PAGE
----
The best way of disposing of a pregnancy test is by following the instructions on the package.
Typically, all pregnancy kits have instructions regarding using and disposal of a pregnancy test, which makes disposing of one quite straightforward.
In the case of not having the guidelines or the kit carton to know the procedure (let’s say you accidentally throw it away), you can wrap the stick in a Ziploc or any other plastic bag and toss it in the trash.
Disposing Pregnancy Test Kits
Most pregnancy test kits are made with plastic, so you cannot do much for their disposal other than throwing them in the bin.
As bad for the environment as it may be, chucking a used pregnancy test in the trash is the only way to get rid of it.
That said, you can try a more responsible approach to disposing of pregnancy tests by wrapping them up before throwing them away.
Method #1 – Let it Dry
The first method to dispose of a pregnancy test should be the one mentioned on the pack. But if you don’t have that, you can take the following steps.
Open the kit and use it to test if you are pregnant or not. After you are done with it, let the stick dry to not contaminate the trash bin.
Fluids are carriers of bacteria, so you should wait for the pee to evaporate before chucking the stick out.
If you are in a hurry and you have to throw the kit right away for whatever reason, try to place it in a sealable bag before putting it in the bin.
Method # 2 – Wash it
The second way to dispose of a pregnancy test is by washing it after use to reduce the chances of bacterial transmission.
When you wash a pregnancy stick after using it, you force the pathogens sitting on it to flow down into the drain with the water stream.
Doing so makes the disposal much safer, especially if you are in a hurry and don’t have time to seal the stick.
Method # 3 – Wrap in a Tissue Paper
Using a paper baggie to wrap a used pregnancy test is the most responsible approach to getting rid of a used test kit.
As already mentioned, bodily fluids can carry bacteria that are easily transferable with contact.
Therefore, isolating a used pregnancy stick in a paper bag is advisable, as doing so will keep the bacteria trapped inside.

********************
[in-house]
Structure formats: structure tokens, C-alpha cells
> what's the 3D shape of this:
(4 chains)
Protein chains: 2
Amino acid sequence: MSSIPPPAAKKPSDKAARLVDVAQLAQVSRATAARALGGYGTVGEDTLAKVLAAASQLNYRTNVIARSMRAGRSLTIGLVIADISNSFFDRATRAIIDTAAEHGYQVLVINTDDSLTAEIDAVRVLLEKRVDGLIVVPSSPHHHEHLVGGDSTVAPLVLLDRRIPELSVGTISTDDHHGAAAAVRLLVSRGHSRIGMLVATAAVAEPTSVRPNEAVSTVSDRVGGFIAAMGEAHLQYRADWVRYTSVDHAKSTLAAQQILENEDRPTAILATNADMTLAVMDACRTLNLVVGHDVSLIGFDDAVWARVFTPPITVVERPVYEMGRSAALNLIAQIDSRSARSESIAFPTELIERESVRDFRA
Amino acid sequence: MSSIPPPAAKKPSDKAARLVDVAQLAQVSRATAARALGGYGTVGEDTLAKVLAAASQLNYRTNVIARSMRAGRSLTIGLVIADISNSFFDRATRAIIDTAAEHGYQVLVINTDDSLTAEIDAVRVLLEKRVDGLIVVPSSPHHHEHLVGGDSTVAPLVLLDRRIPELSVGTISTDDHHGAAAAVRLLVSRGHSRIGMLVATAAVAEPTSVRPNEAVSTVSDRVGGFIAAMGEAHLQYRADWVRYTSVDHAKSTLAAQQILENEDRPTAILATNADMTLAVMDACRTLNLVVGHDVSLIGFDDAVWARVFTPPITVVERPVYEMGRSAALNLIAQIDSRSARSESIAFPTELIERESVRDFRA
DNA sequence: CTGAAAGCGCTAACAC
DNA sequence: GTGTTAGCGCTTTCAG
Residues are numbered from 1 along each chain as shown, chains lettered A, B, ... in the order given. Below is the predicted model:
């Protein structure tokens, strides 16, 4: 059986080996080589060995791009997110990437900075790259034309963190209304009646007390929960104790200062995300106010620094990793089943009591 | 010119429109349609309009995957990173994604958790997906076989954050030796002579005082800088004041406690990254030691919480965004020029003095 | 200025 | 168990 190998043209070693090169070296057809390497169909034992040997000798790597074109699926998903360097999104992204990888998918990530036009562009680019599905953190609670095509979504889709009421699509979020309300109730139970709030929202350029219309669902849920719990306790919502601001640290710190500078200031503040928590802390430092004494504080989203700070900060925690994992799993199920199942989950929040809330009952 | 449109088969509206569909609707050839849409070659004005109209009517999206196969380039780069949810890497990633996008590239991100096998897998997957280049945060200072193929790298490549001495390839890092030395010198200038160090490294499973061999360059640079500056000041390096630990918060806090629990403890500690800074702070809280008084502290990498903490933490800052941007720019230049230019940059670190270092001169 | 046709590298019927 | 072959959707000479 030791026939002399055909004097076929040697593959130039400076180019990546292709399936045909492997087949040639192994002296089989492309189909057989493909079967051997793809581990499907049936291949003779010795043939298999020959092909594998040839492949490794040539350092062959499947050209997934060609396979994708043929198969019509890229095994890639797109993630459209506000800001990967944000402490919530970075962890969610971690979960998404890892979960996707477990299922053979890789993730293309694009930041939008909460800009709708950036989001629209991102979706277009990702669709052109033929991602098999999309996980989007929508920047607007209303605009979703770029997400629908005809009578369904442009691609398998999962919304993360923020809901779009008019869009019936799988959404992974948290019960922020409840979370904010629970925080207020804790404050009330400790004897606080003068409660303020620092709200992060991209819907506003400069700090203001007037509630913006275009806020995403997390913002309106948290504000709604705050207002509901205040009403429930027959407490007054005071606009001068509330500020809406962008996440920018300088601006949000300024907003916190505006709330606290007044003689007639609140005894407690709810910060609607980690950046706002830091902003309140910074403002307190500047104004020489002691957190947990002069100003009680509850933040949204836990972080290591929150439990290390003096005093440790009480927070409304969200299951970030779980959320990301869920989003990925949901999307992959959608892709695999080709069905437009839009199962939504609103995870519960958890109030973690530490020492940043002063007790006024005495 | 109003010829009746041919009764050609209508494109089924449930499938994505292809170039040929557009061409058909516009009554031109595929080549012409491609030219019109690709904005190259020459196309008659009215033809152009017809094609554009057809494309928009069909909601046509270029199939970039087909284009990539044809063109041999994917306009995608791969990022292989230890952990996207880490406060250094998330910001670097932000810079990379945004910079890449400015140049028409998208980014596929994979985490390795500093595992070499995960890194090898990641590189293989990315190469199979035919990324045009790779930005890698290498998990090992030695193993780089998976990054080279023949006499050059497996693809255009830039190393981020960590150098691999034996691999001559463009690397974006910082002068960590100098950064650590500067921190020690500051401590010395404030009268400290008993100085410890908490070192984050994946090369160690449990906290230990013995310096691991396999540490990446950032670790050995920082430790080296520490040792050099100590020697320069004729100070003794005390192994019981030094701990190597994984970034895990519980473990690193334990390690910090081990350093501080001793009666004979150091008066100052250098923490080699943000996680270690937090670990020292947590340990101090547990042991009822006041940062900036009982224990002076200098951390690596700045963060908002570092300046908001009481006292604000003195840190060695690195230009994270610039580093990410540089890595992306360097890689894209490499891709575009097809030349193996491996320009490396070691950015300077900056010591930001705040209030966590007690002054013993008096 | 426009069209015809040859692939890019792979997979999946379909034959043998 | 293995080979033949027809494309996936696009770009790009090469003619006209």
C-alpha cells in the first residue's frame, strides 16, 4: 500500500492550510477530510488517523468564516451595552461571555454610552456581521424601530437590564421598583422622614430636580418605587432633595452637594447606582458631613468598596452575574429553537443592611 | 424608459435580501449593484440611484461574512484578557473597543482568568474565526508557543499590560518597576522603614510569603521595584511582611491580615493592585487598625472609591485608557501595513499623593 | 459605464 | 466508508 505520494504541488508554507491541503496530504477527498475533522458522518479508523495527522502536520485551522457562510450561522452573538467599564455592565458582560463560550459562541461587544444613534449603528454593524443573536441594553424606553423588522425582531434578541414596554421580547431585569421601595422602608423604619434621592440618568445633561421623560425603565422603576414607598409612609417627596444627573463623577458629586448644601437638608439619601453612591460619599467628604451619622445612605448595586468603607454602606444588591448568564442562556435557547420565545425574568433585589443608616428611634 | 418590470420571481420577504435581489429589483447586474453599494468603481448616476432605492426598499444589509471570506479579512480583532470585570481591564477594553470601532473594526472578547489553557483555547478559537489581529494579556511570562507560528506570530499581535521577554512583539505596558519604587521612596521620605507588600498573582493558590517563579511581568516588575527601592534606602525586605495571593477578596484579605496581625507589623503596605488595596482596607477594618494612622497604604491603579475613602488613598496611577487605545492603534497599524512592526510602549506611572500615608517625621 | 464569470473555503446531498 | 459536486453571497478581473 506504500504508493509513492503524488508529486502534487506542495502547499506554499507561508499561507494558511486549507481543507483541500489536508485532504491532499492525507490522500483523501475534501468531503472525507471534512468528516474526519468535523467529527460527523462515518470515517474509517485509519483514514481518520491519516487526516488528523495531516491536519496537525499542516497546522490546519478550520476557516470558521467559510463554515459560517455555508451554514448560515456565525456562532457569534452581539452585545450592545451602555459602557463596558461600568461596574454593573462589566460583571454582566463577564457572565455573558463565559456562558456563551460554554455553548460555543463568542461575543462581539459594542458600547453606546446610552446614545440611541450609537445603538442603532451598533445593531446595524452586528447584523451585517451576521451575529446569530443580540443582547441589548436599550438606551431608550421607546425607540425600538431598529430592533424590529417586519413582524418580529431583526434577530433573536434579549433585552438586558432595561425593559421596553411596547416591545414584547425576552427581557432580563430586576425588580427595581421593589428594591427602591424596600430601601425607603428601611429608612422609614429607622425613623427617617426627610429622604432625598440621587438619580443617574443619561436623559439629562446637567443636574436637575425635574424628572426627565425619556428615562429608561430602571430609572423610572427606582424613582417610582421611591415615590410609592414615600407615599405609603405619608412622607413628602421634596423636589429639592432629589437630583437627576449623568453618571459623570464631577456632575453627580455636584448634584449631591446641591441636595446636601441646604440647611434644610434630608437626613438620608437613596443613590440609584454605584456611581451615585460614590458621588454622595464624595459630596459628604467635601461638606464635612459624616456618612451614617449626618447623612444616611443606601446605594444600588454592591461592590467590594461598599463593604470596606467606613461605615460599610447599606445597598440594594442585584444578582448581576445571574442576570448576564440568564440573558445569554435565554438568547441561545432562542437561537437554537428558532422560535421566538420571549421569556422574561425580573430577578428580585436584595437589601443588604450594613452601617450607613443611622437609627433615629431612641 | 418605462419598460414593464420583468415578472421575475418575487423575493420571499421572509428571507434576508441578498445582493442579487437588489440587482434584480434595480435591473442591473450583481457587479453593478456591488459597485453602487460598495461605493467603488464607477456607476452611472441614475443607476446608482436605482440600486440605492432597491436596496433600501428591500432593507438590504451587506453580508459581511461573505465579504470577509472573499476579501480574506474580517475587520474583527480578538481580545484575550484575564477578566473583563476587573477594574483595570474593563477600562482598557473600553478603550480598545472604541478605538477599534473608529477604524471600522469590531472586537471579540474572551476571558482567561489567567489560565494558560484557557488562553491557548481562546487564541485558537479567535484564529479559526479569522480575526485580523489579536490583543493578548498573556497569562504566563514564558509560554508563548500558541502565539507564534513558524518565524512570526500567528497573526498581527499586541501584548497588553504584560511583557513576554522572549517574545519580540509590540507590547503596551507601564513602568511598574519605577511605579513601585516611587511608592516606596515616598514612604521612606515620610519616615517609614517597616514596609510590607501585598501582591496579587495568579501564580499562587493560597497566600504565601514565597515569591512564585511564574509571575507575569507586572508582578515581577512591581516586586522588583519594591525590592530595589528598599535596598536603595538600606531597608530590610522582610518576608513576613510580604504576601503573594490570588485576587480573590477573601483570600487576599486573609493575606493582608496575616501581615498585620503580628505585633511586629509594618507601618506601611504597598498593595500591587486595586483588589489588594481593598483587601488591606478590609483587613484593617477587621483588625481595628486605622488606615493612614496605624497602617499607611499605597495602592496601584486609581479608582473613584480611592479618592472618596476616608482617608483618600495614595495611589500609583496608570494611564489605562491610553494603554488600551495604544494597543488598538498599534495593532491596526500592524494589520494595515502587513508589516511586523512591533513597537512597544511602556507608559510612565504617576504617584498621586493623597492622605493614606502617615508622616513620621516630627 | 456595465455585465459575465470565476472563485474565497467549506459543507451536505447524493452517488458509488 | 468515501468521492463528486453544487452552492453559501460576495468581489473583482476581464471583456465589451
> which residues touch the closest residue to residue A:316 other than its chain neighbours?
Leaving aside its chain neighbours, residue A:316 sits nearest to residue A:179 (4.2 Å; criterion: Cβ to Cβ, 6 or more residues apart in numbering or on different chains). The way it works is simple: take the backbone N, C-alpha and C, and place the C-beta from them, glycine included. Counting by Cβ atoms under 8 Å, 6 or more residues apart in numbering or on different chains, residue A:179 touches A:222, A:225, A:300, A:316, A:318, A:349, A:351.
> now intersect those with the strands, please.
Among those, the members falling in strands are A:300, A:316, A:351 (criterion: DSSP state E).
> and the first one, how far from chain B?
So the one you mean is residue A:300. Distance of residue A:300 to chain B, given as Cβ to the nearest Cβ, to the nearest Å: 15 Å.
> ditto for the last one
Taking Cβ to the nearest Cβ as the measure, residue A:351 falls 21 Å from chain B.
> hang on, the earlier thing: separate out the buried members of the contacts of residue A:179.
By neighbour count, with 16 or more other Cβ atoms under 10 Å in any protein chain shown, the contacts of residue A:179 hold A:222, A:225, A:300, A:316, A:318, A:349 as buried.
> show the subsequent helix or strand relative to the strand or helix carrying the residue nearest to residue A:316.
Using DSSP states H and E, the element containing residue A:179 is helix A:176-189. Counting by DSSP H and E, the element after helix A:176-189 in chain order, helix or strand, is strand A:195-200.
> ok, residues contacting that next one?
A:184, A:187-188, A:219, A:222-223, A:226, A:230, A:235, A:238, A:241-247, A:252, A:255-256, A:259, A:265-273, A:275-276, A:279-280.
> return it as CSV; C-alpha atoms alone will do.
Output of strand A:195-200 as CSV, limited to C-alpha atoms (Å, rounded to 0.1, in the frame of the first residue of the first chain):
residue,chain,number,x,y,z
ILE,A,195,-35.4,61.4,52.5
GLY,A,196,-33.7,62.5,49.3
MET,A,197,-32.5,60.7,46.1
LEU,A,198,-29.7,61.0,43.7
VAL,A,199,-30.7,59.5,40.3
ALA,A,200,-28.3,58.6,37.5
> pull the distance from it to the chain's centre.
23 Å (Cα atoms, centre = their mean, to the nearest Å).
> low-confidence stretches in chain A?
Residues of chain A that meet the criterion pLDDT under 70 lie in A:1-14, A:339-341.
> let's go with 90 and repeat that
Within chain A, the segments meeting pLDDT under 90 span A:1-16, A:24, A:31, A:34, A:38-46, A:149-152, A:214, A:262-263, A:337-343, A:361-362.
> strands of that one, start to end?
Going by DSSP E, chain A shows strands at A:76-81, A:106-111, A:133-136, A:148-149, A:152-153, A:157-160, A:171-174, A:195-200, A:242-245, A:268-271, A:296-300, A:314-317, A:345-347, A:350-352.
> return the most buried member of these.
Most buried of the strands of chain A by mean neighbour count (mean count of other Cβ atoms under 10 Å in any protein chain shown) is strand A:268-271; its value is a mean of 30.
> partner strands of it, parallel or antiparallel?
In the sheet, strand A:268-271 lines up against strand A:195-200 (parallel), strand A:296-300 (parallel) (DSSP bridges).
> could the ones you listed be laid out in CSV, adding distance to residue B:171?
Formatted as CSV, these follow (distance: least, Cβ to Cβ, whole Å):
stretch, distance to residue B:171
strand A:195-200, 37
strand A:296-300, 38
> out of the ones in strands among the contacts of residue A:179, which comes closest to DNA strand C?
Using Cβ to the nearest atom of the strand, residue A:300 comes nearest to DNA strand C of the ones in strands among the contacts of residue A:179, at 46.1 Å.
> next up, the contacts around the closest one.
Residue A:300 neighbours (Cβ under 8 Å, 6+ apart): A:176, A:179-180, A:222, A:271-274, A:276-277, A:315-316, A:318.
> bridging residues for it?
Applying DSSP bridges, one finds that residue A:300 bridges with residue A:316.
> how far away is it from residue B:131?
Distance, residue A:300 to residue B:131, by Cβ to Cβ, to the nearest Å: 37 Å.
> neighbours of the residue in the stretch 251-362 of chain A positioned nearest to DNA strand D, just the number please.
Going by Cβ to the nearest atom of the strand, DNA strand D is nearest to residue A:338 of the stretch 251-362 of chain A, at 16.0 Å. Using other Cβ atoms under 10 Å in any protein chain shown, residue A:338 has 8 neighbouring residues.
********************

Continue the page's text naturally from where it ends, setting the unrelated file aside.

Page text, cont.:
If you don’t have a bag nearby, follow the second method to keep bacteria from transferring.
You can also use tissue paper to cover the washed stick to absorb any residual water droplets on the device.
Method # 4 – Use a Sharps Container
Make an in-house sharps container for getting rid of all medical waste, including a used pregnancy test.
Hospitals, maternity clinics, and other healthcare facilities have sharps containers to dispose of medical waste, such as blood, urine, and placenta.
If you want to go by the book and follow the proper protocol, you can create a makeshift disposal box at home.
Here’s how you can do that:
Take a plastic detergent box or any other holder made with hard plastic (one that doesn’t break or pierce easily). Place a heavy lid on top, one that doesn’t open without deliberate force.
You can fill your sharps container with pregnancy tests and all other in-home test kits (such as the ones used for glucose testing, and coronavirus antigen testing, among others).
Once it’s filled to the brim, you can seal it with tape to secure all the items, then take it to a medical facility or local medical waste disposal center.
Can You Flush Your Pregnancy Tests Down The Toilet?
No, you shouldn’t flush pregnancy tests, unless you want to clog your toilet.
Standard in-home pregnancy tests are made with plastic that doesn’t discompose for hundreds of years and stays in the environment.
This means if you flush a used pregnancy test down the toilet, it will not dissolve and end up blocking your sewage system.
That said, with the growing awareness of eco-friendly practices, more and more people now know the perils of using plastic. As a result, they try to look for alternatives to save the planet.
For such eco-conscious individuals, new pregnancy tests are coming into the market that claim to be compostable and can be flushed down the toilet.
One such product comes under the name Lia. Lia claims to make its pregnancy kits with plant-based fibers, typically found in toilet papers.
Due to this reason, they don’t have plastics or any other harmful materials.
If you use such a pregnancy test, you can certainly flush it down into the drainage system. It will collapse and dissolve in the sewage water. Thus, no landfill!
An in-home pregnancy test is a quick and easy way to put your suspicions to rest and find out whether you are pregnant or not.
But as mentioned above, there are downsides to it, such as lack of discretion, inaccurate results, and environmental degradation.
If you don’t have an issue with any of that, you can use a pregnancy kit and throw it in the trash, or if you can use a compostable test, buy that to be more responsible.
Lastly, if possible, visit a healthcare facility to get tested!
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